This Employee Handbook does not represent contractual terms of employment. It is, rather, an explanation of employment policies, which are subject to change by ABC Company. No change in employment policy will be effective unless an authorized representative of ABC Company executes it in writing. Employment at ABC Company is at will. That is, either you or ABC Company may terminate the employment relationship at any time, with or without cause. The at-will relationship remains in full force and effect notwithstanding any statements to the contrary made by company employees or set forth in any documents.
Here’s another example. Notice that it not only addresses the issue of an employment contract, but also reserves the right to changes policies at any time.
This handbook does not constitute a contract for employment with ABC Company, either express or implied, and ABC Company reserves the right at any time to change, delete, or add to any of the provisions at its sole discretion. Furthermore, the provisions of this handbook are designed by ABC Company to serve as guidelines rather than absolute rules, and exceptions may be made from time to time on the basis of particular circumstances.
Disclaimers do not always have the desired effect. Even in situations where employers have included a disclaimer specifically stating that the handbook was not a contract, courts have decided that an employment contract was created. So make every effort to follow the rules set out in your handbook, and be sure to have the handbook reviewed by legal counsel.
Avoiding Disclaimer Problems. Here are a few tips to avoid having a disclaimer that doesn’t do its job:
- Do not bury the disclaimer in a hard-to-find place.
- Make sure that the disclaimer is worded clearly.
- Make sure that the disclaimer is not in conflict with any other provision of the handbook.
Example: Don’t state in your disclaimer that employment is at will and that you reserve the right to terminate an employee at any time when your termination policy says that employees will be terminated only for just cause.
- Do not make promises in the handbook that you do not intend to keep. Examine your policies and make sure that none of them guarantees or otherwise promises any terms of employment. Be on the lookout for words like “permanent” or “lifetime”—they spell trouble.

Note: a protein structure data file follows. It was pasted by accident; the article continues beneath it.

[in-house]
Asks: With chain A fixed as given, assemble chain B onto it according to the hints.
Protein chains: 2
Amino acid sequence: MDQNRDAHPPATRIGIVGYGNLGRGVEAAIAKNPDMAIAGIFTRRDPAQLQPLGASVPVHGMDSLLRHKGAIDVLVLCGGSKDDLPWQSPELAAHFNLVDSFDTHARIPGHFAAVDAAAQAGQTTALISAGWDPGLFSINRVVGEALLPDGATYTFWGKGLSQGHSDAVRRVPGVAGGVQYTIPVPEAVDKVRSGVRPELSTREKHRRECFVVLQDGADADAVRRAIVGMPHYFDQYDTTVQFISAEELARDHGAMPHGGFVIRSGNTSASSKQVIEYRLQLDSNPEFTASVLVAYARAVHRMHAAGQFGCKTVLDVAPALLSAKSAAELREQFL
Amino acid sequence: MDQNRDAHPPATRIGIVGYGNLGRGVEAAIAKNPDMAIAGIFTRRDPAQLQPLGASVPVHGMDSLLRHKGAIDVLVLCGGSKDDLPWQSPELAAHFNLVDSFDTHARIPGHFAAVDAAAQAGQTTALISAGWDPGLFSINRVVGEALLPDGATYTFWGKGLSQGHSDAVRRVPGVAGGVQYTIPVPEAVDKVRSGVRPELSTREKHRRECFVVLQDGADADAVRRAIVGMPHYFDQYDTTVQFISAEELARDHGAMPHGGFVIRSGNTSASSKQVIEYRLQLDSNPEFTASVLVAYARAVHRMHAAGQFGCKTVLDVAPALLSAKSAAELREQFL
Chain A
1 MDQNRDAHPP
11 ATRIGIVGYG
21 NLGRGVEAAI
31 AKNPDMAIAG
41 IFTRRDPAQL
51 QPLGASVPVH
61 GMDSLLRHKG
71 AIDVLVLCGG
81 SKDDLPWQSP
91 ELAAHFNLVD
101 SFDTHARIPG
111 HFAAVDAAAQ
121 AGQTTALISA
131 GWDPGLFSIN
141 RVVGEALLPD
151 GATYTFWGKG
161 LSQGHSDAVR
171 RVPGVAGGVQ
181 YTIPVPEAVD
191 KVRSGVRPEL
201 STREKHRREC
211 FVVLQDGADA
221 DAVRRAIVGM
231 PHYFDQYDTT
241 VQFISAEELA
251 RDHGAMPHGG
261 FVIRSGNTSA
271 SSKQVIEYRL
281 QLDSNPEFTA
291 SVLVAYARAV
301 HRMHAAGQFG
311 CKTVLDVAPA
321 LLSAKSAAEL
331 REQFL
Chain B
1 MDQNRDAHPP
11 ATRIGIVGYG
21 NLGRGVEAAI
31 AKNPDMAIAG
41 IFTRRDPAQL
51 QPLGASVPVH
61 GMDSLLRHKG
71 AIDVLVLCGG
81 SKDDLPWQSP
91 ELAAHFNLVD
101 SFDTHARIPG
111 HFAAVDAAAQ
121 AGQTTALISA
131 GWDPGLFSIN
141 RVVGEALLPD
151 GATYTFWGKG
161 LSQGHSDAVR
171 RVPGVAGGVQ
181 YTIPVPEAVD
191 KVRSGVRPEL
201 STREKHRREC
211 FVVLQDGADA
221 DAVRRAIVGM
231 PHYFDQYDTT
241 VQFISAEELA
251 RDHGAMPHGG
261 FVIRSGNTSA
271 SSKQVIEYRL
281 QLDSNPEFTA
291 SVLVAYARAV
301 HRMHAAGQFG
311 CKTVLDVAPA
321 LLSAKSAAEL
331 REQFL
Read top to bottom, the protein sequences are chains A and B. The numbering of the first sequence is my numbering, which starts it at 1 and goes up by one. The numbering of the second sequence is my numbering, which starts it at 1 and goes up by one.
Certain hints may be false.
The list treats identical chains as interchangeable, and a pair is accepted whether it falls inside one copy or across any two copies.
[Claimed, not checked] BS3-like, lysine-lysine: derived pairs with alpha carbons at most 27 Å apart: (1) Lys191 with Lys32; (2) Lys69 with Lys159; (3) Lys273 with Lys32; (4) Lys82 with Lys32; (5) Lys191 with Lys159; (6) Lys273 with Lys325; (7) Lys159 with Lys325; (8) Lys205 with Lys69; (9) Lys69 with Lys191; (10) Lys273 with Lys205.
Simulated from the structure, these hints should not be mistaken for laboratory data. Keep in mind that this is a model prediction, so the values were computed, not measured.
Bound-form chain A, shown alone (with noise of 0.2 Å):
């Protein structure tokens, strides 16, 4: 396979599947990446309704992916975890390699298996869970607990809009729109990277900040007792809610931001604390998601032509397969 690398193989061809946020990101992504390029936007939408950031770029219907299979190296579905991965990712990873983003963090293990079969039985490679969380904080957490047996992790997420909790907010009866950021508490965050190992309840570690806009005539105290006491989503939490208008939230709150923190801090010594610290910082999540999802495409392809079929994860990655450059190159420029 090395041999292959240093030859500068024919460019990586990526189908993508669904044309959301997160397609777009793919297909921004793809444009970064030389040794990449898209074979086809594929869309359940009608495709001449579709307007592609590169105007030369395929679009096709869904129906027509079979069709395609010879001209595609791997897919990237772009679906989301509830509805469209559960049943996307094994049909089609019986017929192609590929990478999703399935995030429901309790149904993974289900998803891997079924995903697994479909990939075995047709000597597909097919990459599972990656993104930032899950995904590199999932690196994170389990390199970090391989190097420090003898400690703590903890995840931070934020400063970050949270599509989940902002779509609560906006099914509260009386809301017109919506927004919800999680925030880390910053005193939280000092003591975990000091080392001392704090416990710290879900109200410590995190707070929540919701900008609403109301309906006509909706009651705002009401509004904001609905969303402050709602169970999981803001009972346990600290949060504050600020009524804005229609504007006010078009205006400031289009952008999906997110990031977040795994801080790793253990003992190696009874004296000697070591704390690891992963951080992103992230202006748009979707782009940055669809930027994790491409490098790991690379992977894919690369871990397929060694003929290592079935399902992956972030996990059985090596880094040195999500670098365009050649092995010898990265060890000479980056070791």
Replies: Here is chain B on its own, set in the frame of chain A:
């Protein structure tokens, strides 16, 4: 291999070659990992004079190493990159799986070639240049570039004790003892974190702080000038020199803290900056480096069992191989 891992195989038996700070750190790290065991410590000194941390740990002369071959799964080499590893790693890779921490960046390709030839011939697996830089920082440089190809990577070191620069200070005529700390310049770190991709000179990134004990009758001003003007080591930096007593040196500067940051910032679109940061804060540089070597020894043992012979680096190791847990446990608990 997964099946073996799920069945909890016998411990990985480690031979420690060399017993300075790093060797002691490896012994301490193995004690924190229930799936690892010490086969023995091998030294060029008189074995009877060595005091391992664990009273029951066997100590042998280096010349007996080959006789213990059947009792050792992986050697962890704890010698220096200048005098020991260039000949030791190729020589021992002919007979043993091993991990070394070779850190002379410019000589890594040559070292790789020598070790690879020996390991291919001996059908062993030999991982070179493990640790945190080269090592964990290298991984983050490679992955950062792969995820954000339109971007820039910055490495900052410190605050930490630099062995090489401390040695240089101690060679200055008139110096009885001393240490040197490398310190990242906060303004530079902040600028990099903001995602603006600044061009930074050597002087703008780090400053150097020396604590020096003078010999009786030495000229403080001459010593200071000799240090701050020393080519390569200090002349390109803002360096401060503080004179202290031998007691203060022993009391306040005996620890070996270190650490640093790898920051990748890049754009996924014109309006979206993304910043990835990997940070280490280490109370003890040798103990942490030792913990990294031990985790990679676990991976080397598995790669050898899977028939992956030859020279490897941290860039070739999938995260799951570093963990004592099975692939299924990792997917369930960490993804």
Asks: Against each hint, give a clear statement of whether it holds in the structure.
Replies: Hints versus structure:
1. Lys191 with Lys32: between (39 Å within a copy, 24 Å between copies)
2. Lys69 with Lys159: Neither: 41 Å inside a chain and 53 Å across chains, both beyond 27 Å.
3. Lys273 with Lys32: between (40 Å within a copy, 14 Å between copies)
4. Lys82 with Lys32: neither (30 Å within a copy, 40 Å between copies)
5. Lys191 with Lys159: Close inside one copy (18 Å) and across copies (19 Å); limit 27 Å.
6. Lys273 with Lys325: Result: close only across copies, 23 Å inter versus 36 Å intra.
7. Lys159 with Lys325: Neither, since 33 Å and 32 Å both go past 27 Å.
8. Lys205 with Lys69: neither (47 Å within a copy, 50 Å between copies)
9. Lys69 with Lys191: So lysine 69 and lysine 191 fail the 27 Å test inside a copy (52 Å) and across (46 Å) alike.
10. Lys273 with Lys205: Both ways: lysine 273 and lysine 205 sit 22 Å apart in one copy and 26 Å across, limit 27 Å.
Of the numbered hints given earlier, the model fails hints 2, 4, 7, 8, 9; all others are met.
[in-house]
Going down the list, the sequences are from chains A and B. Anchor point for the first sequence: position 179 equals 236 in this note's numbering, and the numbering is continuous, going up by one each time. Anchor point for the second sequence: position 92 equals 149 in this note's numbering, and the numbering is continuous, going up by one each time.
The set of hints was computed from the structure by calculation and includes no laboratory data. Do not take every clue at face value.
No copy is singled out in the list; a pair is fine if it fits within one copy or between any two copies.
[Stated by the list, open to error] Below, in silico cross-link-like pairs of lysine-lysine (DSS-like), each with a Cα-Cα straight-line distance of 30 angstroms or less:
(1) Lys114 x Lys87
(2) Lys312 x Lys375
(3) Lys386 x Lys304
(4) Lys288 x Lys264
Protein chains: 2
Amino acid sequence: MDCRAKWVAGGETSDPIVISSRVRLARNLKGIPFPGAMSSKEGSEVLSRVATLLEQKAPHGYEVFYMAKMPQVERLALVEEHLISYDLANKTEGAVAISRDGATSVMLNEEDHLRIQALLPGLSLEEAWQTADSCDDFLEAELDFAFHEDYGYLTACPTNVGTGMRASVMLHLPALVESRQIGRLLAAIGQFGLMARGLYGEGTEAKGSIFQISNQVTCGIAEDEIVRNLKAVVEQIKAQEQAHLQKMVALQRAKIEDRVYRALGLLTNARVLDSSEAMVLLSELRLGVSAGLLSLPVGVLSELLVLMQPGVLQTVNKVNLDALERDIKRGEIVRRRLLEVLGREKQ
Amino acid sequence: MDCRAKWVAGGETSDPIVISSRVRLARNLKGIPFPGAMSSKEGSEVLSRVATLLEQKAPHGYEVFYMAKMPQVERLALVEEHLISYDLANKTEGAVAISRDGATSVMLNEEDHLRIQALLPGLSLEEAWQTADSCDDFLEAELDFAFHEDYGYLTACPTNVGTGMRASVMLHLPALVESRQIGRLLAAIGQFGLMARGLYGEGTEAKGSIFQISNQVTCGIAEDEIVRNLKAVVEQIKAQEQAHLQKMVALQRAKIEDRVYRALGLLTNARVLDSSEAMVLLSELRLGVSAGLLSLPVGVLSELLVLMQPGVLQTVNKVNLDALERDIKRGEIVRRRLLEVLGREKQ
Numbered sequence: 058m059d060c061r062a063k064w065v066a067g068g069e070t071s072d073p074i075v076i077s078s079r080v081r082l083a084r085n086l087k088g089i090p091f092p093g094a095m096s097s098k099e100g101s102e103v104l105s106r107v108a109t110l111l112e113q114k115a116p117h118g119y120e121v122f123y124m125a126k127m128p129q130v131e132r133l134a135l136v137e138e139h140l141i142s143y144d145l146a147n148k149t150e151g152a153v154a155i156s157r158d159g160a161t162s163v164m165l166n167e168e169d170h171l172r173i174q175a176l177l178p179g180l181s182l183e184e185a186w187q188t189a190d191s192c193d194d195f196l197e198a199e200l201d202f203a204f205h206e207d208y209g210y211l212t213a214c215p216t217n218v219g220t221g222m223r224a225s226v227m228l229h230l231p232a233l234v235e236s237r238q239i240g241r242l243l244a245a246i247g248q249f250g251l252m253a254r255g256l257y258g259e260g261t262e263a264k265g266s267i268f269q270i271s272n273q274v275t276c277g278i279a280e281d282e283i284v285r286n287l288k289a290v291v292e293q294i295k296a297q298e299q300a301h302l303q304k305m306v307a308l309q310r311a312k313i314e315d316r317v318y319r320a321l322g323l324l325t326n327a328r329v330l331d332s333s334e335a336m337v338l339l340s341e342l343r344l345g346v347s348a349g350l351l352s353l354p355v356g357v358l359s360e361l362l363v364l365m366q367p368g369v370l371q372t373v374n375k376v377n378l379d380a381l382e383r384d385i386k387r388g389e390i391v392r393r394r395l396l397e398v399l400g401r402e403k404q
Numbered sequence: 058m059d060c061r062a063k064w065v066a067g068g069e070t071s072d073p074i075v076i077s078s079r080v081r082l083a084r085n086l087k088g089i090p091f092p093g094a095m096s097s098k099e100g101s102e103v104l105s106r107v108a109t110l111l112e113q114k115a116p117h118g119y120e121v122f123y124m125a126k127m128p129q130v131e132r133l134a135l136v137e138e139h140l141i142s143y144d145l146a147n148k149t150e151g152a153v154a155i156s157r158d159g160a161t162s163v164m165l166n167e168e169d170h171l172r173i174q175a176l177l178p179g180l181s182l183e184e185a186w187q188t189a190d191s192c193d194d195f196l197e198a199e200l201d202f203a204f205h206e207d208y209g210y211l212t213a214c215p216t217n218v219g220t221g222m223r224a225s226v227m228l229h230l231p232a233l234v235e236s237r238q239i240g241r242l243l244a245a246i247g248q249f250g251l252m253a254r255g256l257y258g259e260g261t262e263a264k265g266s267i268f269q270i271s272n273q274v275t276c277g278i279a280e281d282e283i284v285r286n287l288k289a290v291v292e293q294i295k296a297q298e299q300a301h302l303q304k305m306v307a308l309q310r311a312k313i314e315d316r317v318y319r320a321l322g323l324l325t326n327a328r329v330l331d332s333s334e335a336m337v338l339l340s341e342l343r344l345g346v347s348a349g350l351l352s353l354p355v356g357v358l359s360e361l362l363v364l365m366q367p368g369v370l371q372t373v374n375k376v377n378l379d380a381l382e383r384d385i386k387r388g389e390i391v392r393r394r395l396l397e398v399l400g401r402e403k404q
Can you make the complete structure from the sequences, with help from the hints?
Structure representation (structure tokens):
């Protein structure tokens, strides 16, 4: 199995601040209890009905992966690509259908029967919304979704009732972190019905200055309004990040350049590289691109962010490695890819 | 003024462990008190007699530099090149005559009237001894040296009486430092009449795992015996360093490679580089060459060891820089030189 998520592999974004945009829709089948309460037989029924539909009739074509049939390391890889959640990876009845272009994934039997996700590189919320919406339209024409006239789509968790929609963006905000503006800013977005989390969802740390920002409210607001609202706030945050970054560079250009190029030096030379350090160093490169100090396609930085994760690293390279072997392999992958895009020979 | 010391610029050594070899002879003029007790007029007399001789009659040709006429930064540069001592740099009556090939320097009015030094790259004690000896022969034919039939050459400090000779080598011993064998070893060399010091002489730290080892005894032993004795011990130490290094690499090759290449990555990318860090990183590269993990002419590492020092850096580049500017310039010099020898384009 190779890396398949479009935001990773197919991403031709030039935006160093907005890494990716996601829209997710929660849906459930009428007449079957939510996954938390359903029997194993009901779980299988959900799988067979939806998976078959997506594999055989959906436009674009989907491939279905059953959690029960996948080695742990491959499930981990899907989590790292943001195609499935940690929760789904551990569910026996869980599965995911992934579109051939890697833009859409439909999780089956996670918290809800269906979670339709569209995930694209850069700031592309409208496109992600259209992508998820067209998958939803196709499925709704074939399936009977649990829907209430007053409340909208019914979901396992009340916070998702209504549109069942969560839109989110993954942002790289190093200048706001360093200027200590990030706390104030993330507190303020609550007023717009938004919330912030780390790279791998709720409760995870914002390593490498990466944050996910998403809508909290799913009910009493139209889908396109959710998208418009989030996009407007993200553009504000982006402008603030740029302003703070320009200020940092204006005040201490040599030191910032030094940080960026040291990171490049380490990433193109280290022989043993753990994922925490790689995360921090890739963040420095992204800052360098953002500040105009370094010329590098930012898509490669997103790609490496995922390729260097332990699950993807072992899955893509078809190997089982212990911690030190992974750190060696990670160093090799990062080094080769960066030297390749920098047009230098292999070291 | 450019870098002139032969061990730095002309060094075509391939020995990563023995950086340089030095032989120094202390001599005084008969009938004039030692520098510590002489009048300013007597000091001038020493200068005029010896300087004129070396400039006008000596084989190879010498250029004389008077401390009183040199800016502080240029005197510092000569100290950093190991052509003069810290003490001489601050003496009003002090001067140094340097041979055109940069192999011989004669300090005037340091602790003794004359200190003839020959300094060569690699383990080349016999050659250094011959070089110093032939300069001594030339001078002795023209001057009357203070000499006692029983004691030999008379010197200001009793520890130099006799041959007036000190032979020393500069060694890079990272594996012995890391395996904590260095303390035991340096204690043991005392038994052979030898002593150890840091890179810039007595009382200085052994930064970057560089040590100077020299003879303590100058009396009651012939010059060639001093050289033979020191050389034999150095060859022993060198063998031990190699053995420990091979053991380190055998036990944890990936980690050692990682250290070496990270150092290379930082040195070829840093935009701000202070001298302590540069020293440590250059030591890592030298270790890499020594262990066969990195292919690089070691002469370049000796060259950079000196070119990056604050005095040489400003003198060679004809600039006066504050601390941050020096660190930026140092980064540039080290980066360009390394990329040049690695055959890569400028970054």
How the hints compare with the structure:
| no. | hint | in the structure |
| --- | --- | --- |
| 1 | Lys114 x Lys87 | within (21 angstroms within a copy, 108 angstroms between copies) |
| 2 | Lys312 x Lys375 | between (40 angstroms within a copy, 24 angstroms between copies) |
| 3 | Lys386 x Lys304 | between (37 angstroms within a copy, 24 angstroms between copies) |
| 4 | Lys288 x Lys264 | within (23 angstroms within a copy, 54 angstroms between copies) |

- Avoid saying “always” and “never.” Avoid stating that no exceptions will be made to your procedures. If you don’t follow them yourself, you could be sued.
- Do not make your disclaimer so harsh that you alienate employees. You don’t want employees to feel that they have no job security. Be tactful.
What Should Go in the Handbook
Ideally, your handbook should be more than a compilation of rules and regulations that your employees must live by in the workplace. That’s not to say that your policies aren’t appropriate to put in a handbook—they most definitely are. But there are other things that you may want to put in your handbook as well. Here’s a list of the types of information that can be put in a handbook. Although most of these items are optional, and many of them may not apply to your particular business, federal or state law may require you to provide written notice of some of these policies:
- Welcome and introduction
- Purpose of the handbook
- Company mission statement
- Statement emphasizing the importance of good customer service
- Background information about the company
- The business’s position on unions, if the makeup of the workforce suggests that union activity is possible
- Suggestion and complaint procedures
- Work rules and policies
- Introductory or probationary period
- Employee’s role and responsibilities
- Hours of work
- Lunch periods and breaks
- Overtime policy
- Attendance and punctuality
- Time cards
- Personnel records
- Shift premium
- Payroll deductions
- Wage and performance reviews
- Layoffs and recalls
- Resignation or termination
- Bulletin boards
- Telephone usage
- Hospital and medical insurance
- Life insurance
- Disability benefits
- Pension and profit-sharing plans
- Call-in or report-in pay
- School or educational assistance program
- Service awards
- Workers’ compensation
- Unemployment insurance
- Sale of company products
- Sick leave
- Disability leave
- Personal leave
- Funeral leave
- Jury duty leave
- Military leave
- Emergency procedures
- Medical services
- Personal protective equipment
- Safety rules
- How to report accidents
- Standards of conduct
- Corrective discipline procedure
- Summary and acknowledgment disclaimers reviewed by your lawyer